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Elliotte Rusy Harold wrote:
> All things are fuzzy to some extent, but XML is far
> less fuzzy than most. There is a reasonably
> well-written specification that defines precisely
> what is and is not XML.
Can we stop arguing about whether a binary alternative to XML
is, can, or should be called "XML"? The case has been made over and
over again that if it ain't pointy brackets and all the other stuff in
the XML specifications, then it ain't XML! Personally, I believe that
the qualified "binary XML" should be enough to show the distinction,
but that gets so many people upset that it just isn't worth the
effort. Let's put naming aside and deal with the real issue: A
significant number of people could benefit from having something
similar in concept to, but not exactly like, XML as it is defined.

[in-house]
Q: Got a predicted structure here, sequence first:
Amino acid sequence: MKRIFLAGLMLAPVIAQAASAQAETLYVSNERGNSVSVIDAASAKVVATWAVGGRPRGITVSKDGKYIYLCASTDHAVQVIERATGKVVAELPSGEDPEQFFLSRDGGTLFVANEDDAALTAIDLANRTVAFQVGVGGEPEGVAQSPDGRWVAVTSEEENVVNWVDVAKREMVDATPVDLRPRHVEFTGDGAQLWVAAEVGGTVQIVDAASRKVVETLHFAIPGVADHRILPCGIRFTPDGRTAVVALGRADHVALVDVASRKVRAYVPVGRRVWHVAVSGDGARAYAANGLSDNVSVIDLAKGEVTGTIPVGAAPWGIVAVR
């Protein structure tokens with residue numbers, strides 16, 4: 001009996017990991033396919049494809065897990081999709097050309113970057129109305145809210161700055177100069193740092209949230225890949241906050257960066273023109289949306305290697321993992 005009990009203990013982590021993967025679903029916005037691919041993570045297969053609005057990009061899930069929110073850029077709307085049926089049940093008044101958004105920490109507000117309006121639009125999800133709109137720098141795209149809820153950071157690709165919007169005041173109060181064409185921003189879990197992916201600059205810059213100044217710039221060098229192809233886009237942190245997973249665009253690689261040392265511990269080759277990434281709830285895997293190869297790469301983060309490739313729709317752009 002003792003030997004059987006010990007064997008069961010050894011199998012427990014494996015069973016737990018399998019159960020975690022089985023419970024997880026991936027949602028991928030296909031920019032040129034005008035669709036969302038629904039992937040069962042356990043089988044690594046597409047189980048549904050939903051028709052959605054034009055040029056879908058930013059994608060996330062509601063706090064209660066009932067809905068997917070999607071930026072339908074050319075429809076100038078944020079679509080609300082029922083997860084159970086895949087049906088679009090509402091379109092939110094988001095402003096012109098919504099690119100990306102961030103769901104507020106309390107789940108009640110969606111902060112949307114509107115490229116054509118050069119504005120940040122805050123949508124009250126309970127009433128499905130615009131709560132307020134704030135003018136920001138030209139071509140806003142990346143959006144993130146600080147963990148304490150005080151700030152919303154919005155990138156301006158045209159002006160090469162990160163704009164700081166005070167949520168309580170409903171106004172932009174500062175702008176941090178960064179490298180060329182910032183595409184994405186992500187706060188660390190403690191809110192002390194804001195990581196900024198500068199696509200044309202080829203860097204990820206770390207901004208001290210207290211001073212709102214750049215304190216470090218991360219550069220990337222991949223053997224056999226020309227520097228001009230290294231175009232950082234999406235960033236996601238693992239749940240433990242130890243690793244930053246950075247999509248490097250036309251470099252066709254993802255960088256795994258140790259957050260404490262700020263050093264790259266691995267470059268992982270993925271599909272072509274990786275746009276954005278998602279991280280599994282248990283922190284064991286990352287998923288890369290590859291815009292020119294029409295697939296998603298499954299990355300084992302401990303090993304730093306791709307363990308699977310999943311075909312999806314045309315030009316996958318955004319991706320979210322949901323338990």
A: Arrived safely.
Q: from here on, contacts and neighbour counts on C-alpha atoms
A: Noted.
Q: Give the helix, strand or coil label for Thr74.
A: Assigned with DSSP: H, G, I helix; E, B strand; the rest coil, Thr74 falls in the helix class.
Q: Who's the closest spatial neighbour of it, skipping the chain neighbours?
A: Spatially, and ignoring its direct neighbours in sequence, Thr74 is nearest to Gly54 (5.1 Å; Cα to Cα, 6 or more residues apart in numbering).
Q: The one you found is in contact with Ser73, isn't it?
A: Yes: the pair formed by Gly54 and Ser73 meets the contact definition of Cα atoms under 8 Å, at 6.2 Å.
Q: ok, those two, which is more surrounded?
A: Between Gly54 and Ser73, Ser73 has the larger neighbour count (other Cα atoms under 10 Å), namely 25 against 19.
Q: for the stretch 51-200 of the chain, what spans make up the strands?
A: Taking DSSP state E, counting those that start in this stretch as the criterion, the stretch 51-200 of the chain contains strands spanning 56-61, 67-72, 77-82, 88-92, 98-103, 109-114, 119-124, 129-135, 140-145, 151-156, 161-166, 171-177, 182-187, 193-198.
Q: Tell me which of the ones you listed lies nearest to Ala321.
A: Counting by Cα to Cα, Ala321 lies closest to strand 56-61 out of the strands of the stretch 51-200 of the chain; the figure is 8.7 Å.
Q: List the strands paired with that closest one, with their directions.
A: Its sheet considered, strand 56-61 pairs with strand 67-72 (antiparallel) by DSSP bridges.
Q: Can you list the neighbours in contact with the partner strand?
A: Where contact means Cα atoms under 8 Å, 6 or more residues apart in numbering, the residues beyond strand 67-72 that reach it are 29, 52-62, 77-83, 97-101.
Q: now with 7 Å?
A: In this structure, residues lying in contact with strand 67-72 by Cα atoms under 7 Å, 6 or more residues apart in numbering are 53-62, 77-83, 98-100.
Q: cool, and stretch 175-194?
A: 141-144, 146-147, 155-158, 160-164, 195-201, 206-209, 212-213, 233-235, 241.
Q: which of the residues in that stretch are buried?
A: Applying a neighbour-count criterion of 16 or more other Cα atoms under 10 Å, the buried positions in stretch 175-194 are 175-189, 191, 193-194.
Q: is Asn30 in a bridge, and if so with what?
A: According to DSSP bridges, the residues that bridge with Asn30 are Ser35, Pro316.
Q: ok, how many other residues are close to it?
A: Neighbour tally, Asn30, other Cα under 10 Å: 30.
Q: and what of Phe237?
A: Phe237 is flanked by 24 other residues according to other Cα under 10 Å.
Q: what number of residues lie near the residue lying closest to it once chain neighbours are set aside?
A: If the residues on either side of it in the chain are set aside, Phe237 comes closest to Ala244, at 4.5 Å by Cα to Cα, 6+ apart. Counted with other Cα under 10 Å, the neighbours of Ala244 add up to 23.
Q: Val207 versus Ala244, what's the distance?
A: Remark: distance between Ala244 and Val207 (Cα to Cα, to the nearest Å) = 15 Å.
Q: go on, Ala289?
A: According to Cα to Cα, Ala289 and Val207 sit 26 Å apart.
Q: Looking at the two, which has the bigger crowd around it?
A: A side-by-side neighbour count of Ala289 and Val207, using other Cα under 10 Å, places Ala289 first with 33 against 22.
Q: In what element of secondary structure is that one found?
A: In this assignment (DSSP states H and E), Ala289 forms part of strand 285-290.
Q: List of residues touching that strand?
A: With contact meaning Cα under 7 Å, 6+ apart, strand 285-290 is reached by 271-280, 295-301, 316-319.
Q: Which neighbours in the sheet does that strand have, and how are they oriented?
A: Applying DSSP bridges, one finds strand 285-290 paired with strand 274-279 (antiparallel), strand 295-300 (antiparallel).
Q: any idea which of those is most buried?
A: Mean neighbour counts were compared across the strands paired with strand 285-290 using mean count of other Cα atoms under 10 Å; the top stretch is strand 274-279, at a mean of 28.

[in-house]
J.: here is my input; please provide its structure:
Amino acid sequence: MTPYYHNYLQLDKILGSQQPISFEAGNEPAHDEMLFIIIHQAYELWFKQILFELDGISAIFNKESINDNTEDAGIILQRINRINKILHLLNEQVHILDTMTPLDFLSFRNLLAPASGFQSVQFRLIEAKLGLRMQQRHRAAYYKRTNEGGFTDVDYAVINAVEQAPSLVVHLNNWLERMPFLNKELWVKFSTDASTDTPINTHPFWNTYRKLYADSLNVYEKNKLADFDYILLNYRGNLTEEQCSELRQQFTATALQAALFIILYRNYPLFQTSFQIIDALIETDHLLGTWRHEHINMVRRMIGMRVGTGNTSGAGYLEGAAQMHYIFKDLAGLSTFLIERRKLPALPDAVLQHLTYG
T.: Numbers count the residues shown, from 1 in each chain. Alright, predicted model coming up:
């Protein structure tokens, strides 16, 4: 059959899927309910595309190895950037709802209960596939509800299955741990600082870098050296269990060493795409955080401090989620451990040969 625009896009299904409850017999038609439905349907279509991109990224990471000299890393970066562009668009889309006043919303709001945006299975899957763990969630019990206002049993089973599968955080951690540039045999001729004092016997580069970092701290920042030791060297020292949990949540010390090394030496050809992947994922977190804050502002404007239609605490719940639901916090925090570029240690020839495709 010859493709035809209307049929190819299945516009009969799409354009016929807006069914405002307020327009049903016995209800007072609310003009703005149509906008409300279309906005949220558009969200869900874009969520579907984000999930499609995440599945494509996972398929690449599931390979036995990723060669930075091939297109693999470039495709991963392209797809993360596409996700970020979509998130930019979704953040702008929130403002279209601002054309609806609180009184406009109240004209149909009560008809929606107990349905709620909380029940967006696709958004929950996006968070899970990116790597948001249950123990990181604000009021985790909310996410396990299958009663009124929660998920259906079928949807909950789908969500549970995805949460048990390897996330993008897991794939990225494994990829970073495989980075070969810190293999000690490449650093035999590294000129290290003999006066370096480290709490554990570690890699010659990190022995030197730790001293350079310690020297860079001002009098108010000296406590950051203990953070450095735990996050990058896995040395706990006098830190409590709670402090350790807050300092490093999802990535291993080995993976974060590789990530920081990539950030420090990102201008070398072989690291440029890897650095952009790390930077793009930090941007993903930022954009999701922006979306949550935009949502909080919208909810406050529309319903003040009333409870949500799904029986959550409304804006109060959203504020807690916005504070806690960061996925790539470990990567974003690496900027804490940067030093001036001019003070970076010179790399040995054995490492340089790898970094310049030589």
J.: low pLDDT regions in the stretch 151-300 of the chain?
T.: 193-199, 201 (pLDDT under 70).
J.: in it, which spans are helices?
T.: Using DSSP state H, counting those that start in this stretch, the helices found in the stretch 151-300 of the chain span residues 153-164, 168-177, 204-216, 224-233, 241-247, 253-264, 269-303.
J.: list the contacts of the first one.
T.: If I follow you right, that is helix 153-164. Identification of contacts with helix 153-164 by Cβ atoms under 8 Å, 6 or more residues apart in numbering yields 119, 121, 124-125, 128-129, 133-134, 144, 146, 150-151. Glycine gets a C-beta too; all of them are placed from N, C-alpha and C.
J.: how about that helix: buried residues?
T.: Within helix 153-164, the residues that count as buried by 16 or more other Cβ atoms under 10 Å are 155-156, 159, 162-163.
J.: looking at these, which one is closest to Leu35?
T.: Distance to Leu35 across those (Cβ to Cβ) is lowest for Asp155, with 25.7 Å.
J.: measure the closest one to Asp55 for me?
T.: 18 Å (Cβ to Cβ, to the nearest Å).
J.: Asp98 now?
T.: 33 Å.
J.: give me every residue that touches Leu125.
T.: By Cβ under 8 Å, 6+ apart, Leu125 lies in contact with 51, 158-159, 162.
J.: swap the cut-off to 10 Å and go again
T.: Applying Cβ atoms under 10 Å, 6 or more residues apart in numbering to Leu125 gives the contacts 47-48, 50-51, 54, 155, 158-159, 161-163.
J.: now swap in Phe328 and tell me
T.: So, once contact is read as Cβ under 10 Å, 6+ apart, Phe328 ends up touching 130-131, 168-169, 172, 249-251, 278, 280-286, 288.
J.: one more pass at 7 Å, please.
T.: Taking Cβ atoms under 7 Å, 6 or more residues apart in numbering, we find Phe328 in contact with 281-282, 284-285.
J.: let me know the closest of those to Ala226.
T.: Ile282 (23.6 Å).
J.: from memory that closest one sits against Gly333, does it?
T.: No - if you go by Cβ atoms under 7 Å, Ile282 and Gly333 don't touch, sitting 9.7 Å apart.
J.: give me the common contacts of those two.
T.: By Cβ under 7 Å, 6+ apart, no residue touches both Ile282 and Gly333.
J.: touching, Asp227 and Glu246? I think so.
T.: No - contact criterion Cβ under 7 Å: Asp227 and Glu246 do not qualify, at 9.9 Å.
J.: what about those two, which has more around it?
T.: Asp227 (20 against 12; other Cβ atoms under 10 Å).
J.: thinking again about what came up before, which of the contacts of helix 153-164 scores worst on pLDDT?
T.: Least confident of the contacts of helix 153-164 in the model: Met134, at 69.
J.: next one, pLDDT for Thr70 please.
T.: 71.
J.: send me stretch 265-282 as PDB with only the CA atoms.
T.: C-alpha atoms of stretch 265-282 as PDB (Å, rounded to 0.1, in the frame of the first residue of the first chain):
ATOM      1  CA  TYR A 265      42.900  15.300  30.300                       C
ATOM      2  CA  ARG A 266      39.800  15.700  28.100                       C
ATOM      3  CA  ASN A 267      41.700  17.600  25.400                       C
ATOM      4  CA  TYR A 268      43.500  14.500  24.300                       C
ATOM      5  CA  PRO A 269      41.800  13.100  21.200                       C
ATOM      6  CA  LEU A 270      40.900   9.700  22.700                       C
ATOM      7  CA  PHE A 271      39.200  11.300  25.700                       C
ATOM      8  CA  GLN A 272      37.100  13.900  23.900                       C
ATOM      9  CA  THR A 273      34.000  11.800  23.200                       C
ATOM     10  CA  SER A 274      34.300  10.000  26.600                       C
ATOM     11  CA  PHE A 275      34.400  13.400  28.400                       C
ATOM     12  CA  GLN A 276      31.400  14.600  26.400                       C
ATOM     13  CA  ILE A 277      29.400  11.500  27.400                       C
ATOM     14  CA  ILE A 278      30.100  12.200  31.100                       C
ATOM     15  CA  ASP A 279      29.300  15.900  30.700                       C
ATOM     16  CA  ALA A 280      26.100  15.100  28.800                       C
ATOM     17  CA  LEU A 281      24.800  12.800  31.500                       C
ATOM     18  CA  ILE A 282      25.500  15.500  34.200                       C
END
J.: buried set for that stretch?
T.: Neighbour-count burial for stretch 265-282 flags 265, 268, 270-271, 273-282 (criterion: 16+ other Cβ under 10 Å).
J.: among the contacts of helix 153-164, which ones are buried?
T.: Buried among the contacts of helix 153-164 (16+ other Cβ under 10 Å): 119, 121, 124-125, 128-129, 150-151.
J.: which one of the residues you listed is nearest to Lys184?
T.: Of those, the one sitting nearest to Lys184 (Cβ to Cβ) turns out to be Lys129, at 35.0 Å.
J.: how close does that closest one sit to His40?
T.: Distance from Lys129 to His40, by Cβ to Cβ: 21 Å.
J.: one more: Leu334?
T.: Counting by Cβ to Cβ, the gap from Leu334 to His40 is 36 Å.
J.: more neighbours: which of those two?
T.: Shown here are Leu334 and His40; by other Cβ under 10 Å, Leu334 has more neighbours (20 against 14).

The interesting question isn't "What is this thing called?"
but rather, "What should someone use if they need something other than
what XML provides yet want to remain as compatible as possible with
XML, XML-processing tools, etc?" The most desirable answer to this
question would be one that identifies one or a small number of
alternatives and clearly defines the use-cases in which the
alternative is appropriate as well as the practices that ensure that
interop with XML based systems is not compromised...